COLUMBIA - A S.C. Senate Democrat staged a nearly four-hour filibuster to prevent proposed budget cuts to the College of Charleston on Wednesday, as Republican senators sought to punish the school over its summer reading book choice.
Republican senators said incoming freshmen should not have read "Fun Home: A Family Tragicomic" because it is pornographic - the book has an illustrated depiction of two women having sex. Senators sought a $52,000 cut of the college's around $227 million budget - which equals the cost of the college's reading program.
In the end, senators delayed a decision until Thursday.
"Fun Home: A Family Tragicomic" is a critically acclaimed illustrated memoir. It deals with author Alison Bechdel's struggle with her homosexuality and her childhood with a closeted gay father.
Sen. Brad Hutto, D-Orangeburg, who staged the filibuster, called Republican senators homophobic in an interview after the session ended.
Hutto said that lasting effects of a Legislature seen as tampering with academic freedom warranted the filibuster. He said that the issue would bring unwanted national media attention, challenge recruitment at state universities and hurt the state's economy because companies would think twice about moving to a state where such cuts were imposed.
"This body is hung up on sex," Hutto said, particularly homosexuality. "This is one vote that is going to embarrass many. You won't be able to explain it to your grandchildren. They are going to say, 'I can't believe you did that.' ... They're going to say 'the old fogies in the Senate of South Carolina just aren't with it.'"
Hutto said that detractors wouldn't say it but that the debate was really about senators being uncomfortable with homosexuality. "There are people in this chamber who have not come to grips with their view of that," he said.
Republican senators disagreed. They said at issue was not the book but the fact that dollars appropriated by the General Assembly were used to buy the books, which send the wrong message in a state with conservative values.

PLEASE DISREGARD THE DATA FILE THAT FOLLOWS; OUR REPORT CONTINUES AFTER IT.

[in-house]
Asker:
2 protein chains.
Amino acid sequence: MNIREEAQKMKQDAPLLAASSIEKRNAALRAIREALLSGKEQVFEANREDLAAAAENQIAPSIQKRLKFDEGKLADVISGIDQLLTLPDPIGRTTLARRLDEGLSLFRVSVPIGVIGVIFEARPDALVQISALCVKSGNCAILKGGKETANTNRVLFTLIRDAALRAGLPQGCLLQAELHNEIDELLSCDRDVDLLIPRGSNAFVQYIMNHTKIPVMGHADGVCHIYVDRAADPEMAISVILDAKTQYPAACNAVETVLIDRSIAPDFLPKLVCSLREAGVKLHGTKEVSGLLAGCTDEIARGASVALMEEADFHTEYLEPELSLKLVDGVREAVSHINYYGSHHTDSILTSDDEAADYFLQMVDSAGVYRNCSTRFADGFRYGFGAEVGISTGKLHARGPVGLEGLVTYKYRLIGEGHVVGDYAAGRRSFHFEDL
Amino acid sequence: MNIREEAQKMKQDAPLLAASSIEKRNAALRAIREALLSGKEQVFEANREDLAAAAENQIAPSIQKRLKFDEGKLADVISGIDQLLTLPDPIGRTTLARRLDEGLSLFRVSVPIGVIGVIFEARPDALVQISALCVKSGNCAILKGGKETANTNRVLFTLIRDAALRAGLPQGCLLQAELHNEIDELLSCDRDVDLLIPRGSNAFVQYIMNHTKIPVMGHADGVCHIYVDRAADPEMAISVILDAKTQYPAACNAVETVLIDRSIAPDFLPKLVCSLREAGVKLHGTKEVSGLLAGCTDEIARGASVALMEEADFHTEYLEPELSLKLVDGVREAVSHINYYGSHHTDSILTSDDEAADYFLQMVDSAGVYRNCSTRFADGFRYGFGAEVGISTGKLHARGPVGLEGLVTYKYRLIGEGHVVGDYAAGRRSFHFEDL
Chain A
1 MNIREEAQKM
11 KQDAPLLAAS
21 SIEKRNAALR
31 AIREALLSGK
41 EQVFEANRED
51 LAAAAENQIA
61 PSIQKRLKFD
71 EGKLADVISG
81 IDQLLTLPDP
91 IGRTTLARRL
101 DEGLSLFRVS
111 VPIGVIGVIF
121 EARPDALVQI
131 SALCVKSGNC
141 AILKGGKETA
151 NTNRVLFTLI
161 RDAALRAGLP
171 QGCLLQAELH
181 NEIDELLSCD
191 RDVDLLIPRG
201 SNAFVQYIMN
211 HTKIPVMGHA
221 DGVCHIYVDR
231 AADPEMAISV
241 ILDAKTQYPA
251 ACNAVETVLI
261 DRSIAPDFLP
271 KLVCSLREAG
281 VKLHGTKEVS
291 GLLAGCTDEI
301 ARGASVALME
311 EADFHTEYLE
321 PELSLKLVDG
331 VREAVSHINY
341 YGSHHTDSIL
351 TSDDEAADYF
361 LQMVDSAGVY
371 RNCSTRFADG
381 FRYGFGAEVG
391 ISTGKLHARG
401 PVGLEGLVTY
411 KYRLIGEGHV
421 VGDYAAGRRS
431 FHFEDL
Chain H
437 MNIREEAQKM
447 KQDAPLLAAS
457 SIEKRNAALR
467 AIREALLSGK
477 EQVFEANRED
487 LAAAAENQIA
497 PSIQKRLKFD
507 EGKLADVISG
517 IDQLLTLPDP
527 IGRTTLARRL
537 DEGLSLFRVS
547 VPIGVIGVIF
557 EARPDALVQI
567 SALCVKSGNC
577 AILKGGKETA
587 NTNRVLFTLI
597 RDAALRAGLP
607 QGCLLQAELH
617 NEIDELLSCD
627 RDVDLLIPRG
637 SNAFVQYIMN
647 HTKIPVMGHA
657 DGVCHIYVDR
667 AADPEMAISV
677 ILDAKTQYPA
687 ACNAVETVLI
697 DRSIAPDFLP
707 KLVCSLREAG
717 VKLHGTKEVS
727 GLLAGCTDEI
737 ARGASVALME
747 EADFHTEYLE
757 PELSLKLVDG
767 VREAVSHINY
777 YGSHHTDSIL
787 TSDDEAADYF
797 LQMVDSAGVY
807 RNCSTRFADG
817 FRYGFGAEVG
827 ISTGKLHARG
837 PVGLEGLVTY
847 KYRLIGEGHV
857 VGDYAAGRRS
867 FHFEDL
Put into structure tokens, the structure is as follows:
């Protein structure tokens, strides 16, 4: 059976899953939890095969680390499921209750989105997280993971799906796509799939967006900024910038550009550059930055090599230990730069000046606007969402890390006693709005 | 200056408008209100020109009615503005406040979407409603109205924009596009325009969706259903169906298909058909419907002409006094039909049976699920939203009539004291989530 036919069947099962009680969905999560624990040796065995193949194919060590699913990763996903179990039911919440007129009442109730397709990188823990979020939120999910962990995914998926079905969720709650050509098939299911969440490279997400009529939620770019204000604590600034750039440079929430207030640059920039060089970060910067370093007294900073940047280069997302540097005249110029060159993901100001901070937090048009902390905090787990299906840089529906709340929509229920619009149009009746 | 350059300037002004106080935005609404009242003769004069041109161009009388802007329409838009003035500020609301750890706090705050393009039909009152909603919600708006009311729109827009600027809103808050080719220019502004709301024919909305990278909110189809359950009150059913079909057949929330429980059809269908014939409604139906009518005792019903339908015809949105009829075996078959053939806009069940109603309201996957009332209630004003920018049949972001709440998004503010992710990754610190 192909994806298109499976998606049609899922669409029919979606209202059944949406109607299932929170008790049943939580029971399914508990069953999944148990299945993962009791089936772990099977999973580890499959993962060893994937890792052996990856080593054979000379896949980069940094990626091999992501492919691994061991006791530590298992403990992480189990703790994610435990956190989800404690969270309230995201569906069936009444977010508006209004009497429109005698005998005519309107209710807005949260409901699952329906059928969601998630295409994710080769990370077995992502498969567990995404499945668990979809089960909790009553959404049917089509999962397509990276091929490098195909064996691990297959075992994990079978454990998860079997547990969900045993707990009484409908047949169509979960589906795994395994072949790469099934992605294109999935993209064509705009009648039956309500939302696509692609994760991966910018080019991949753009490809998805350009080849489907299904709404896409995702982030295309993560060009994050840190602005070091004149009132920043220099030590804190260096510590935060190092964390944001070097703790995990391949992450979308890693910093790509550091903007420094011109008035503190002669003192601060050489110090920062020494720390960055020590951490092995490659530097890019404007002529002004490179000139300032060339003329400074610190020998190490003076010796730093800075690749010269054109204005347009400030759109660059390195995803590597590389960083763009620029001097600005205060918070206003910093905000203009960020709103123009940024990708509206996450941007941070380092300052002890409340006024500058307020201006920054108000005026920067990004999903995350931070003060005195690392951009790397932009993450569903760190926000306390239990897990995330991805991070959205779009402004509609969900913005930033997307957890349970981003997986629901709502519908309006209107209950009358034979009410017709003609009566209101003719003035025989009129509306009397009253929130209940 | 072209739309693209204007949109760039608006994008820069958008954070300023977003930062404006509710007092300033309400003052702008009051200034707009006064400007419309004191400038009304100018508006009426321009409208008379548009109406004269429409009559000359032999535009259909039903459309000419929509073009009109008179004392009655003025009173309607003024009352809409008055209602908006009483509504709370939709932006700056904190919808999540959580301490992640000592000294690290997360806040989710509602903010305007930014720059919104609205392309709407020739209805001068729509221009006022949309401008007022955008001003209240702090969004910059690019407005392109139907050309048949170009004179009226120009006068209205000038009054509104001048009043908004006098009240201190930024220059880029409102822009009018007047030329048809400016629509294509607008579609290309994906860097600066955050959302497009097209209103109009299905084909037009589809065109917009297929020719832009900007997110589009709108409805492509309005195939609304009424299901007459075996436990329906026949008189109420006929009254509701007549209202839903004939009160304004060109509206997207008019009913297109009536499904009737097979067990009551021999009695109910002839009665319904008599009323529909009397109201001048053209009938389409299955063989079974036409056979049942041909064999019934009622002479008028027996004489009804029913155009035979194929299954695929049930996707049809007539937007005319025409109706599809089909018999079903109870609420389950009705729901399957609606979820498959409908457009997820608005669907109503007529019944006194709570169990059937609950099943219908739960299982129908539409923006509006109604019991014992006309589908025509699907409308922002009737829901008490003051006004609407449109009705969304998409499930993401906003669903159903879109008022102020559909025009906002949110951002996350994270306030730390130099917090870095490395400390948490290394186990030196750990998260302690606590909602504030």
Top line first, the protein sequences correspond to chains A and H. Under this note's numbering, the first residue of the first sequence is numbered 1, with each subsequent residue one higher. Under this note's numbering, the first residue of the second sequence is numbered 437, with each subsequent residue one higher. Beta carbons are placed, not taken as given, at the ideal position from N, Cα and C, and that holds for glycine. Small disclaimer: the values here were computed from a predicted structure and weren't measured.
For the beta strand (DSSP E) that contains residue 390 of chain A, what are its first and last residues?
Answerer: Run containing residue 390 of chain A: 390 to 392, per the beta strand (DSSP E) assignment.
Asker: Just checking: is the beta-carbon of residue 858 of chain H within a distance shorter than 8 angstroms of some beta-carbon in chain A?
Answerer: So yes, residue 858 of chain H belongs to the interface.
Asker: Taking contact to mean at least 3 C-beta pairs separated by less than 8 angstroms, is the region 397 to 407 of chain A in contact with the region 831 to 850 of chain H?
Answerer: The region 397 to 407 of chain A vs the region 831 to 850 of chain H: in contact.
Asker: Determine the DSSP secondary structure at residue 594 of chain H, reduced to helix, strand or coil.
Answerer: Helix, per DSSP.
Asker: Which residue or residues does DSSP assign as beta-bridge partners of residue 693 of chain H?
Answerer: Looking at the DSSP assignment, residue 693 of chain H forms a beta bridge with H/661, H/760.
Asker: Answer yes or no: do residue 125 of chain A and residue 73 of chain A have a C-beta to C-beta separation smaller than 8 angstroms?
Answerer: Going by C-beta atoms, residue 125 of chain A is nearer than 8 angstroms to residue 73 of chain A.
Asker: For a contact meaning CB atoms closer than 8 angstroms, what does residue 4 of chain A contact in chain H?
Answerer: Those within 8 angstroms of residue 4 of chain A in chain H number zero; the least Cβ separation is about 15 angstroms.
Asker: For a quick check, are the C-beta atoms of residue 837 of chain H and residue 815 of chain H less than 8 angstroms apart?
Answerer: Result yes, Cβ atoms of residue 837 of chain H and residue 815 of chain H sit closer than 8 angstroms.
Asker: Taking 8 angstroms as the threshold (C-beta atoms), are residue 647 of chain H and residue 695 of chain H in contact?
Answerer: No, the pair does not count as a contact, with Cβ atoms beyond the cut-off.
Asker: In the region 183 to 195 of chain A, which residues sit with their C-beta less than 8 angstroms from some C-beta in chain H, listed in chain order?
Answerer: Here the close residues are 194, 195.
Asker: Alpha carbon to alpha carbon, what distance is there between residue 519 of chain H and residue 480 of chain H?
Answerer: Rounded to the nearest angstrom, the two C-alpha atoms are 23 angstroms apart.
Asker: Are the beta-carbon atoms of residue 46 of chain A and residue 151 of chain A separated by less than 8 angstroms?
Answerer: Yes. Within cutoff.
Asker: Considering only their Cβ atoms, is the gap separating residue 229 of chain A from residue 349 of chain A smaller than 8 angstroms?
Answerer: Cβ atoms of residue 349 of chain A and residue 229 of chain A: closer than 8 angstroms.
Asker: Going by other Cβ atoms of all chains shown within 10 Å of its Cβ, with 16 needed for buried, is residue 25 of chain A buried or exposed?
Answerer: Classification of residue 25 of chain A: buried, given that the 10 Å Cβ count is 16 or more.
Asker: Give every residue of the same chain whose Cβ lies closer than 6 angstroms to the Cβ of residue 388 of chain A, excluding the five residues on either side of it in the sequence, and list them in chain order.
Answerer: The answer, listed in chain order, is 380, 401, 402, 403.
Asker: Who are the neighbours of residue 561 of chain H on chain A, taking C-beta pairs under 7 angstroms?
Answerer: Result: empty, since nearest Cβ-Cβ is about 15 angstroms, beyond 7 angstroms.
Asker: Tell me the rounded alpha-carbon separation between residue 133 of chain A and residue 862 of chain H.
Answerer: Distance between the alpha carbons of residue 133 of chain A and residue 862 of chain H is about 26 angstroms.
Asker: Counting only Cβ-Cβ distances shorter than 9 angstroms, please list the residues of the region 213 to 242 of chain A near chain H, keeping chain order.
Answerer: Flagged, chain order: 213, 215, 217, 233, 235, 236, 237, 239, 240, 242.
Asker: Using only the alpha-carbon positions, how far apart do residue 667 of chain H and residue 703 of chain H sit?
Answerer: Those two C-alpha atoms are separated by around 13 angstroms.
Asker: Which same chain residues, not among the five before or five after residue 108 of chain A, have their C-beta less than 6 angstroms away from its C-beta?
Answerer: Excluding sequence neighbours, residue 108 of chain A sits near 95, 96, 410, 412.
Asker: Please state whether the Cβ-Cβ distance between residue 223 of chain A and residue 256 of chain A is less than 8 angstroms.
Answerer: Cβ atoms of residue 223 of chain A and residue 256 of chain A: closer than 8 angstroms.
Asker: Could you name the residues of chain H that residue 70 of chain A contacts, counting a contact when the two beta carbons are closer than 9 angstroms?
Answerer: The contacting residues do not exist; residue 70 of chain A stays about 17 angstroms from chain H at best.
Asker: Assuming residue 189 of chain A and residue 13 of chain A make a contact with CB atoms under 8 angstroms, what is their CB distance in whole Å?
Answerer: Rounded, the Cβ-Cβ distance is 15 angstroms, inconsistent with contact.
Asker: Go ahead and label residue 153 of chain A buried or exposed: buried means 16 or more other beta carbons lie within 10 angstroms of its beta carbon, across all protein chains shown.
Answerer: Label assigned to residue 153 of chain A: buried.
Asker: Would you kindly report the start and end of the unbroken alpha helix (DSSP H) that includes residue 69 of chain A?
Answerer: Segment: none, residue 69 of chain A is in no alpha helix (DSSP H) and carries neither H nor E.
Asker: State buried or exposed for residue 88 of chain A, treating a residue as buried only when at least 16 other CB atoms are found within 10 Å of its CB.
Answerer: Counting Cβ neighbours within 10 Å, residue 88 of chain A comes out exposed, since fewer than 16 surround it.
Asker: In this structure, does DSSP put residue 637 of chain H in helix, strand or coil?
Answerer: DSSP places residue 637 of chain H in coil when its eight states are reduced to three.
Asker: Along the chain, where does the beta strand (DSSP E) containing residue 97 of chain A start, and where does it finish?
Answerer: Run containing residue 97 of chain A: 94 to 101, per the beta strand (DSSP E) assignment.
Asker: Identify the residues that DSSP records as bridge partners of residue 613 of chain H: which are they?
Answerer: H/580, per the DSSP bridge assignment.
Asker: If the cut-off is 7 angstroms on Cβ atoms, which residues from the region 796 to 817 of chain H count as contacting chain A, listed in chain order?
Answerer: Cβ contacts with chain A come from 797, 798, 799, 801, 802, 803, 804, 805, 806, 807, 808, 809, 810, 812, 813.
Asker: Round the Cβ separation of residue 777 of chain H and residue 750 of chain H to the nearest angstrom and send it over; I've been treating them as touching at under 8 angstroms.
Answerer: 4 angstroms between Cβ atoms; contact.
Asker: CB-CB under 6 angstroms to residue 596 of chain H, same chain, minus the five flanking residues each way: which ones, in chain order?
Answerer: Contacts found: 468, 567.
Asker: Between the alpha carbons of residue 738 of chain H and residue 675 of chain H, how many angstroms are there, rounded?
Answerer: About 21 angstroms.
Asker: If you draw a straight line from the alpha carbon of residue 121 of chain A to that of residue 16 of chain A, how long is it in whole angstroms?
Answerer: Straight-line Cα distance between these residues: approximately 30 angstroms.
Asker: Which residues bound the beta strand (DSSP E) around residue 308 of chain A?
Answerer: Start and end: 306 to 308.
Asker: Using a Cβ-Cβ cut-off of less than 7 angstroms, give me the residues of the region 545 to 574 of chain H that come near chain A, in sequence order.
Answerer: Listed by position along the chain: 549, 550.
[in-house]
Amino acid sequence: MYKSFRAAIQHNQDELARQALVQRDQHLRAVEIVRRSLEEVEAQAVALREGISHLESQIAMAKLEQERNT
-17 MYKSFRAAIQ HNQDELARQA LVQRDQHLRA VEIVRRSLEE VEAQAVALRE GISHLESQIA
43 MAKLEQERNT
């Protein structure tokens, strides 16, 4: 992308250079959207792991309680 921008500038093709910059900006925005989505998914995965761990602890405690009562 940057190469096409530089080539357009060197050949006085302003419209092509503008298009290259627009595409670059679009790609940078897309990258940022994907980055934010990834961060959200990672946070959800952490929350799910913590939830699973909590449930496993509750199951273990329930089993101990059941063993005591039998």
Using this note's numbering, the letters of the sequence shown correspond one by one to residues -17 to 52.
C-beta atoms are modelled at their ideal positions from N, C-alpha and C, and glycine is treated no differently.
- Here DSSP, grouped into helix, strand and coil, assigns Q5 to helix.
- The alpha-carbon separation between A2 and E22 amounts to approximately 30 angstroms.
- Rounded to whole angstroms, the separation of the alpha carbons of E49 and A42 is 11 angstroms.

The graphic sex scenes rankled senators. "Is it ever appropriate to use taxpayer dollars to fund pornography?" asked Sen. Larry Grooms, R-Charleston.
Hutto and Grooms expected a close vote on Thursday. An especially interesting scenario could play out in the case of a tie vote on the proposed cuts. Under Senate rules, the tie would be broken by the presiding officer, Lt. Gov. Glenn McConnell - the incoming president of the College of Charleston. McConnell could also choose to recuse himself, senators said.
McConnell couldn't immediately be reached for comment Wednesday night.
During the lengthy debate, senators compared "Fun Home" and its author to everything from slavery to serial murderer Charles Manson and Adolf Hitler.
The Senate also considered $17,000 in cuts to USC-Upstate for assigning a book with homosexual themes, although discussion was almost entirely around C of C's choice.
At one point, Sen. Mike Fair, R-Greenville, who proposed the amendment, tossed "Fun Home" to Hutto as he stood on the Senate floor during his filibuster. Sen. Tom Corbin, R-Greenville, challenged Hutto to show a particularly racy depiction of a sex act to the cameras recording the session to show that it wasn't meant for all audiences.
Hutto held it low when he opened to the page. "You were hesitant about it, you were reserved about it!" Corbin said.
The S.C. House has already included the cuts in its budget, meaning the cuts would continue to be an issue regardless of the Senate's decision. In an interview, Hutto predicted that he could secure the votes to kill the cuts. "They can spin it however they want," he said. "The age of this body is showing."
Grooms said afterward that he predicted a different outcome. "Academic freedom does not mean taxpayer-funded pornography," he said. Grooms predicted that votes may "change in our favor."
The Senate is scheduled to resume at 10 a.m. Thursday.
Reach Jeremy Borden at 708-5837.
Notice about comments:
The Post and Courier is pleased to offer readers the enhanced ability to comment on stories. Some of the comments may be reprinted elsewhere in the site or in the newspaper. We ask that you refrain from profanity, hate speech, personal comments and remarks that are off point.